Some of our favourite places to visit for mountain adventures are Jyrgalan in Kyrgyzstan, the Pamir Highway, and Fann Mountains in Tajikistan. If you want a truly untouched experience, head to the Alay Mountains.
Learn about the history of the ancient Silk Road
You may have heard about the ancient trading route known as the Silk Road that connected the East with the West.
Huge caravans of camels and traders traversed across Asia, bringing with them goods that had never been seen before in Europe. Along the way, they set up caravanserais, and emperors and conquerors built some of the most beautiful and intricate cities ever made.
Central Asia became the heart of the Silk Road, and you’ll find remnants of the old trading route everywhere you go.
Uzbekistan is home to some of the most beautiful mausoleums in the world, while caravanserais in Kyrgyzstan and Turkmenistan still stand much the same as they always were, allowing visitors a fascinating insight into what it must have been like in the past.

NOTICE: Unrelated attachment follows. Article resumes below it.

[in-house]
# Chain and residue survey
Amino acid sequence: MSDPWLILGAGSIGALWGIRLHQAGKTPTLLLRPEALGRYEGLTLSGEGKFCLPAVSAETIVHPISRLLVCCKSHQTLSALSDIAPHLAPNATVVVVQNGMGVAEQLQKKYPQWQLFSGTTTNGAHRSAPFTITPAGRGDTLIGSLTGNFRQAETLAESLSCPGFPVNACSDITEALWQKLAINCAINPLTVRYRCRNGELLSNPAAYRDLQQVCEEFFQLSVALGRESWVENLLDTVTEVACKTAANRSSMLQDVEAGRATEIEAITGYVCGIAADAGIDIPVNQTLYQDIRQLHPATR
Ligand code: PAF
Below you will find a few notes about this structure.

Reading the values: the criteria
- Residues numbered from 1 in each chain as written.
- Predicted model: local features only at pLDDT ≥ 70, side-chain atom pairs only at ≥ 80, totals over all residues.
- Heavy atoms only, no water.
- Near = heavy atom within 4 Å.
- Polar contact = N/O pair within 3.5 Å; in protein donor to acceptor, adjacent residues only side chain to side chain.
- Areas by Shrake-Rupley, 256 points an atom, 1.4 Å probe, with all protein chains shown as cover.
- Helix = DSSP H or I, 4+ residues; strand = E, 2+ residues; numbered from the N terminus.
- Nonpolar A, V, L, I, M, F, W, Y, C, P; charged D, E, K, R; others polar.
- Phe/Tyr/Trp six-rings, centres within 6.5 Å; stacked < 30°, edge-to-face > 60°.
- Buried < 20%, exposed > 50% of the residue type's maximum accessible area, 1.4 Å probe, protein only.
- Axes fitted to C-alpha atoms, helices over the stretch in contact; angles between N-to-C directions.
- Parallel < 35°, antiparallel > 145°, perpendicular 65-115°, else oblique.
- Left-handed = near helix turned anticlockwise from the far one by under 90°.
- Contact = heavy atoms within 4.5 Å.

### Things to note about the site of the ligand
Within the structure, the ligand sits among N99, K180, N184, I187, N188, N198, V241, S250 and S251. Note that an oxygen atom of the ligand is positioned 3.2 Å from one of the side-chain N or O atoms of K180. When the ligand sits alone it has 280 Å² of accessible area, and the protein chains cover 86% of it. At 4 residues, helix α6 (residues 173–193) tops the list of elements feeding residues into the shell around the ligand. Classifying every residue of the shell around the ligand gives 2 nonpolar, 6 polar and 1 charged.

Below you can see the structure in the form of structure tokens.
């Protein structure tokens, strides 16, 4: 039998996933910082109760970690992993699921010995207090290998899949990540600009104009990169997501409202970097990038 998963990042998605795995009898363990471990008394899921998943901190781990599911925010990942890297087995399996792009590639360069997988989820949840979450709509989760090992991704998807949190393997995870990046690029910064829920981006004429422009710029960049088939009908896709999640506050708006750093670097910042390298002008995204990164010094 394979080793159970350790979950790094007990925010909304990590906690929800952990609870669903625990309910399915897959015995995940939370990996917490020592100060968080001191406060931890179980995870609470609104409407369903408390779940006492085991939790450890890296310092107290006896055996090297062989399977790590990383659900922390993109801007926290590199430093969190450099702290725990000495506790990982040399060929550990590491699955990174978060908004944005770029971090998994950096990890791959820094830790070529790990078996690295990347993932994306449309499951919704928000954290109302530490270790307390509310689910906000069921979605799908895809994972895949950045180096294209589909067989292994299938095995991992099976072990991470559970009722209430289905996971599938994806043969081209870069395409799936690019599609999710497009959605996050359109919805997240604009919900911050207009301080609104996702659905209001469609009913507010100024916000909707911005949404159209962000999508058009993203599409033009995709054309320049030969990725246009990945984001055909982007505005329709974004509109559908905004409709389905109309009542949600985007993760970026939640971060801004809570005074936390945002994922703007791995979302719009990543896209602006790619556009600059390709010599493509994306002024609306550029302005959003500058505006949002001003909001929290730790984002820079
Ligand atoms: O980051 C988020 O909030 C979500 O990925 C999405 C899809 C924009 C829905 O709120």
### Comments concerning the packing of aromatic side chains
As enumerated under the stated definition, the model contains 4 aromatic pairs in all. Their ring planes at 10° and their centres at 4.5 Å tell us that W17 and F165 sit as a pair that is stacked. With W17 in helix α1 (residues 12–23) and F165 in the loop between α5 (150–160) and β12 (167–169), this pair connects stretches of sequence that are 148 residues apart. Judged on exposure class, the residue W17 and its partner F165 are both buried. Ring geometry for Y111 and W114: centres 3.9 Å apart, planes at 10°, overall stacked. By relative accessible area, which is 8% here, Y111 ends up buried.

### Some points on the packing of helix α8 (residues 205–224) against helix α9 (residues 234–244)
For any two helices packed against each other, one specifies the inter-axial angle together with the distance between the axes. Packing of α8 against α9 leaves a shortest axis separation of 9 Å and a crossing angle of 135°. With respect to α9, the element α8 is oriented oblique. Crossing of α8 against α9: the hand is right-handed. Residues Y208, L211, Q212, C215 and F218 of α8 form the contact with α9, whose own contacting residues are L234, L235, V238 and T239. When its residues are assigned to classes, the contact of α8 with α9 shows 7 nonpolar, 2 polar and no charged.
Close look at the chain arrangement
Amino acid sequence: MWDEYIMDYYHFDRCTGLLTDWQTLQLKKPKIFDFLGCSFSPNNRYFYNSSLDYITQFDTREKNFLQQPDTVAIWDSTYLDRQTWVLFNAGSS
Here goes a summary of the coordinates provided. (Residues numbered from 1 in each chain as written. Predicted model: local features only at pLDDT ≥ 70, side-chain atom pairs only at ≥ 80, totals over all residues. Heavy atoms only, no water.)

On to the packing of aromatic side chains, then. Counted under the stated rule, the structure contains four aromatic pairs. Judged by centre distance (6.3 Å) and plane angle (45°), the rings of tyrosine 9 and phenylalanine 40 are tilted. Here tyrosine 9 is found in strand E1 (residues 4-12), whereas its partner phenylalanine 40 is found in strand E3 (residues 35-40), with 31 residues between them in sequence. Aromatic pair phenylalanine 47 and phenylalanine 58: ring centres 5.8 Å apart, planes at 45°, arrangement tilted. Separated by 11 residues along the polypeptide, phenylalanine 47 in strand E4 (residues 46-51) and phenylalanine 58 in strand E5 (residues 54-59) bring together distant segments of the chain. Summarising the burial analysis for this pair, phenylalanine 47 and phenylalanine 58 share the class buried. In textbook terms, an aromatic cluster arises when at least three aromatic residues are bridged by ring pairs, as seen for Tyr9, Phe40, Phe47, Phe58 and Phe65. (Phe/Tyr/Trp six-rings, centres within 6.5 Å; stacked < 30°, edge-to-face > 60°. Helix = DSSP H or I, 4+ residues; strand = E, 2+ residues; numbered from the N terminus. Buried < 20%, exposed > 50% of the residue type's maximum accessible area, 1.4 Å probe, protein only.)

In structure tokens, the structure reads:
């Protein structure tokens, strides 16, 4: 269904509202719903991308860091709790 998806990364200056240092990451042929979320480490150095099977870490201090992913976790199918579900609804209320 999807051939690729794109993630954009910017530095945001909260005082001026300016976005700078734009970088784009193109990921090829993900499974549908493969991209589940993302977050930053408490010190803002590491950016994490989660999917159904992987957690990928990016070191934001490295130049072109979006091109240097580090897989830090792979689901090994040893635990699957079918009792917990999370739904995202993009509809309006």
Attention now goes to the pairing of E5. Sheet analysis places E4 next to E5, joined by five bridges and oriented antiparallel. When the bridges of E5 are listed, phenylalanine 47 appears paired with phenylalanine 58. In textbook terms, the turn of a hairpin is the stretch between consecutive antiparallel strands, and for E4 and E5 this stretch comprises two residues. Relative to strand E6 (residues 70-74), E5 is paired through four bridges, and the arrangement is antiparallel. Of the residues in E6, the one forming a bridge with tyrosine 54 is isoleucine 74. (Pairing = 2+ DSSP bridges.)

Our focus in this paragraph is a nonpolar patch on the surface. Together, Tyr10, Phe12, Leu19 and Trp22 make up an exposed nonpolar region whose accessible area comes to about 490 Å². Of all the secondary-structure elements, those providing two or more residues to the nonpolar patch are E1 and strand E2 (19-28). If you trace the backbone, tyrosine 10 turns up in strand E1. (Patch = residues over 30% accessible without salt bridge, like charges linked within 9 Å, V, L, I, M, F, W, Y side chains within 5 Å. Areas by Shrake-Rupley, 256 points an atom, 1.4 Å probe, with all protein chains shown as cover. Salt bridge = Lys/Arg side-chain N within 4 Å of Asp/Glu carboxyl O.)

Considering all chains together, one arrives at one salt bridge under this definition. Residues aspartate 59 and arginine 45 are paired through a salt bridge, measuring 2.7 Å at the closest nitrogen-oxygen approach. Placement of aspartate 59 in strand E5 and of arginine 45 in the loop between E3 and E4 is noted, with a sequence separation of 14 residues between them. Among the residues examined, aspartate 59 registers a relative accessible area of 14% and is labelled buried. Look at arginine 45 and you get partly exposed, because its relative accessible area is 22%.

There are a number of museums found throughout the region dedicated to Silk Road history as well, for those that love to dive deep into local stories.
The architecture is unbelievable
After the mountains, the reason many people visit Central Asia is to admire the mind-blowing architecture.
Mosques and mausoleums glisten in blue tiles while towering minarets and sprawling squares draw visitors to places like Samarkand, Bukhara and Khiva in Uzbekistan; Turkistan in Kazakhstan; and Khujand in Tajikistan, but there’s more to the region than those obvious highlights.